Comment by James Gray — June 22, 2010 @ 9:35 pm | Reply

  2. Can anything really be considered a fact? Neuroscience has shown that all perceptions, actions and other conscious thoughts originate from the limbic system, the emotional, animalistic part of the brain. They are then put through the frontal cortex. This is why pure reason alone cannot answer any questions. Thus, although language is universal, is everyone referring to the same thing?

    Comment by Evan — August 17, 2010 @ 6:45 pm | Reply

    • Reason alone doesn’t generally tell us about facts. Reason plus observation can be pretty accurate, which is pretty obvious considering the success of science.

      I don’t know why making use of an animalistic part of the brain is a problem for knowledge. My dog probably has some knowledge. It probably knows it gets food by chewing and swallowing even though it is automatic, for example. Not all knowledge is something you write in a book. Knowledge can involve our assumptions and facts we have a hard time proving through argument.

      It seems very likely that different languages can refer to the same thing. Ask a person for a cup of water in just about any language and you will get a cup of water. There might be times when we are wrong about referring to the same thing, but I see no reason to think we always are.

      Knowing a language is not an exact science. People teach infants how to speak and no one seriously worries that an infant will think “get a cup of water” refers to something else. Human interests and thoughts are very similar across cultures, which probably adds the possibility of translation. For example, even babies show a strong interest towards human faces. They know what a human face is (to some extent) right away. Not all knowledge is taught through language.

      Comment by James Gray — August 17, 2010 @ 9:02 pm | Reply

      • The idea is that since we are using the emotional, and inherently subjective part of the brain, we might reference the same object, but in doing so, have completely different emotional responses to it. Now, with the non-physical, such as morality, the brain has to do a lot more work.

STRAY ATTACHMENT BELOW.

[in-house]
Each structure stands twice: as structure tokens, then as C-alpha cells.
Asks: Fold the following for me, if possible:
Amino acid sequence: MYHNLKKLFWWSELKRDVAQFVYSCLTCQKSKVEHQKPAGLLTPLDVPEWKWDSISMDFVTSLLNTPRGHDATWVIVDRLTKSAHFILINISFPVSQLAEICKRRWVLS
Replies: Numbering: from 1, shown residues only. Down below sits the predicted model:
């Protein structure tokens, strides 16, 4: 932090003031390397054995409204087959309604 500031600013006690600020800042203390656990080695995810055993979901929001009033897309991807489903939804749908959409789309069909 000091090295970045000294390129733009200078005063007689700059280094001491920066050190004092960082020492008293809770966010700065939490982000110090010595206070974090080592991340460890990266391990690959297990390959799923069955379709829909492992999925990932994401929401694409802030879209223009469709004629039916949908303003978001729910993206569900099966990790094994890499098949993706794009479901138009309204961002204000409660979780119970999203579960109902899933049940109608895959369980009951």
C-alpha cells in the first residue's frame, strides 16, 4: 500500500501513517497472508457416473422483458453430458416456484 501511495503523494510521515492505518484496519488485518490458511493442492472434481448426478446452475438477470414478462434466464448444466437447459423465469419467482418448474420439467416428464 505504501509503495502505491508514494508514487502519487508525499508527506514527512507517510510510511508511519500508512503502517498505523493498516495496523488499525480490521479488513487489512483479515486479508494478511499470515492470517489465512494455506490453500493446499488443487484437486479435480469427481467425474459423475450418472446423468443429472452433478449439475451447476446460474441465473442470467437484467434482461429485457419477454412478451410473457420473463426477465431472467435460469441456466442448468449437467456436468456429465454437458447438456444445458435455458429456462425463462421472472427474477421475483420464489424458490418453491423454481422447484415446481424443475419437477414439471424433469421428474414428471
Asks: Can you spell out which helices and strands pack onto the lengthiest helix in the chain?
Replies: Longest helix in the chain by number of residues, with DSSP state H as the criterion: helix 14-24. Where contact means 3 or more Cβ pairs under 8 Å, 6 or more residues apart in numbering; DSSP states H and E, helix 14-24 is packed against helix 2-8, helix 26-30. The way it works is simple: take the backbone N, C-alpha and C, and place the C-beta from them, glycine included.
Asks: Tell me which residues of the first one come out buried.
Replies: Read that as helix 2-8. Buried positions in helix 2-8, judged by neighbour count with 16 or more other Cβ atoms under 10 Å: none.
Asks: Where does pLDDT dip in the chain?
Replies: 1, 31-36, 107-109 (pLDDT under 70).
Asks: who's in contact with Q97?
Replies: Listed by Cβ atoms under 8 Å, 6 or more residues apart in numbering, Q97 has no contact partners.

In addition, if we were to ask someone what a mountain is, we would not receive some unified response as to it’s identity. The same could be said of morals, could it not?

        Comment by Evan — August 18, 2010 @ 5:47 am

  3. Even,

    The idea is that since we are using the emotional, and inherently subjective part of the brain, we might reference the same object, but in doing so, have completely different emotional responses to it. Now, with the non-physical, such as morality, the brain has to do a lot more work.

    Animal brains are not purely “subjective.” Emotions tend to be appropriate responses given one’s beliefs and assumptions.

    In addition, if we were to ask someone what a mountain is, we would not receive some unified response as to it’s identity. The same could be said of morals, could it not?

    A mountain is a vague entity, but I don’t know that morality is vague. Even if morality is vague, that wouldn’t prove it doesn’t exist. Mountains exist.

    It is true that mountains are “nothing but” a heap of earth, but that doesn’t mean that morality is “nothing but” an emotional response.

    The “vagueness” found in morality is much like the “vagueness” found in rationality. It isn’t entirely clear when a belief is “irrational” or “rationally required,” but there are clear cut cases of “irrational” and “rationally required” beliefs. Compare that to “right” actions and “morally obligated” actions.

    Comment by James Gray — August 18, 2010 @ 6:18 am | Reply